Landlords must ensure the alarms are in working order at the start of each new tenancy. It’s also good customary practise to ensure the tenants agree and that all smoke alarms and carbon monoxide detectors are tested on the day the tenancy begins, to make sure they are in working order.

6. Insurance:

Landlord insurance is a growing area, with an increasing number of specialist policies covering a range of products from building insurance, contents, legal protection, rent loss and appliances. Having the correct insurance is vital as not being adequately protected could be disastrous for both tenant and for the landlord. At Bourne, we work with third party companies to provide bespoke and competitive policies to make certain tenants are well cared for and for landlords are covered to appropriate levels.

7. Safety requirements:

Before lettings out a property, a landlord should confirm that the property meets all current safety regulations, to ensure the health and safety of their tenants by keeping the property safe and free from health hazards.

These can include:

Gas Safety Regulations 1998 – Landlords of rented residential accommodation must have an annual gas safety check carried out on gas appliances (and related gas flues) which they provide. Tenants must be given copies of the certificate (which must be no more than 12 months old) prior to moving in and given a copy of the annual safety check certificate. Work must only be carried out by registered gas safe engineers.

Electrical tests – Government guidelines state that electrical installation condition reports (EICR) should be carried out every 5 years. We recommend that portable appliance testing (PAT) should be carried out every year or between tenancies, dependent on which is soonest.

Legionnaires Disease – There is a legal duty for landlords to assess and control the risk of exposure to legionella bacteria but health and safety law does not require landlords to produce or obtain, nor does HSE recognise, a legionnaires testing certificate.

Fire regulations – Any furniture left in the property must comply with the Furniture & Furnishings (Fire) Safety Regulations 1988 (as amended 1993). These relate to the provision of upholstered furniture. If any furniture does not comply with the regulations and carry an appropriate label, it should be removed and/or replaced.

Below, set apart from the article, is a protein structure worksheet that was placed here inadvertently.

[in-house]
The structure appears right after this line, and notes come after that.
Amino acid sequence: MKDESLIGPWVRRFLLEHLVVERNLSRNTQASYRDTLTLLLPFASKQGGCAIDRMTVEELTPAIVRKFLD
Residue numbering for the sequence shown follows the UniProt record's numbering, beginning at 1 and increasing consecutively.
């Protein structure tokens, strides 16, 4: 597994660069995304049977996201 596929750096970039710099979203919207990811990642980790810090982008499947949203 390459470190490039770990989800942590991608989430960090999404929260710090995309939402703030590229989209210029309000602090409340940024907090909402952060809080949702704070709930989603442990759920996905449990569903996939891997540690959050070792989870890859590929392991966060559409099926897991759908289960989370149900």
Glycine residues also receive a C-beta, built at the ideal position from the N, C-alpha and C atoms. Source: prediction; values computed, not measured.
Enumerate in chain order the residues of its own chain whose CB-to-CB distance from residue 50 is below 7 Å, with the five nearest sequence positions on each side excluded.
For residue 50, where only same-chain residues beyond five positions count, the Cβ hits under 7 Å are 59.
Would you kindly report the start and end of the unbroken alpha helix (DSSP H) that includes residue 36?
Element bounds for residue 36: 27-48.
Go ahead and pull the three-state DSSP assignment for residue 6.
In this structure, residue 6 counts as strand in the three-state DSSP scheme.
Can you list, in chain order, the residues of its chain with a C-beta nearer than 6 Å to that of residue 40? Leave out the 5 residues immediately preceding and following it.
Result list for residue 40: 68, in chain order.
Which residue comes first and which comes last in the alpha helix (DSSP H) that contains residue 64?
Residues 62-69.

8. Check-ins and check-outs:

Conducting a proper check-in and check-out is essential. These should include a full inventory check, condition report check and a full set of dated digital photographs. If the landlord or tenant can’t agree on what the tenant may be liable for at the end of the tenancy, then the check-in and check-out evidence is the only way the landlord can prove their case. In contested cases, TDS adjudicators start from a position of ‘the money belongs to the tenant’ and it’s up to the landlord and prove otherwise.

9. Immigration Bill – Right To Rent Checks:

From the 1st February 2016, landlords and letting agents must check that their tenants, and it’s up to the Landlord to prove otherwise. As from this date, all prospective adult occupiers over the age of 18 will need to provide acceptable documentation to prove they have the right to reside, and therefore rent, within England. The new changes will only impact on tenancies that commenced on, or after, 1st February 2016.

The responsibility for carrying out the checks falls on the landlord, agent or householder who is letting private rented accommodation. Where a managing agent has been instructed, the responsibility of checking the ‘right to rent’ of prospective tenants falls on them and not the landlord. If, however, a letting agent establishes that a person does not have the right to rent, and reports the matter to the landlord in writing, should a residential tenancy commence with the said parties, the landlord will then be liable to a penalty. Under the new rules, landlords who fail to comply could face penalties of up to £3,000.00 per adult occupier.

In order to comply with the new changes and in making right to rent checks, a landlord, letting agent or householder should check the following prior to creating a residential tenancy;

a) Check which adult occupiers will live in the property as their only or main home.

b) Verify and take copies of acceptable documents for each adult occupier. Record the date of verification and noting any expiry dates of a person’s right to be in the UK.

So, if you are thinking of becoming a landlord for the first time, and/or have a property which is currently let, but you are unsure of what’s right and what’s not, contact one of our local lettings experts today.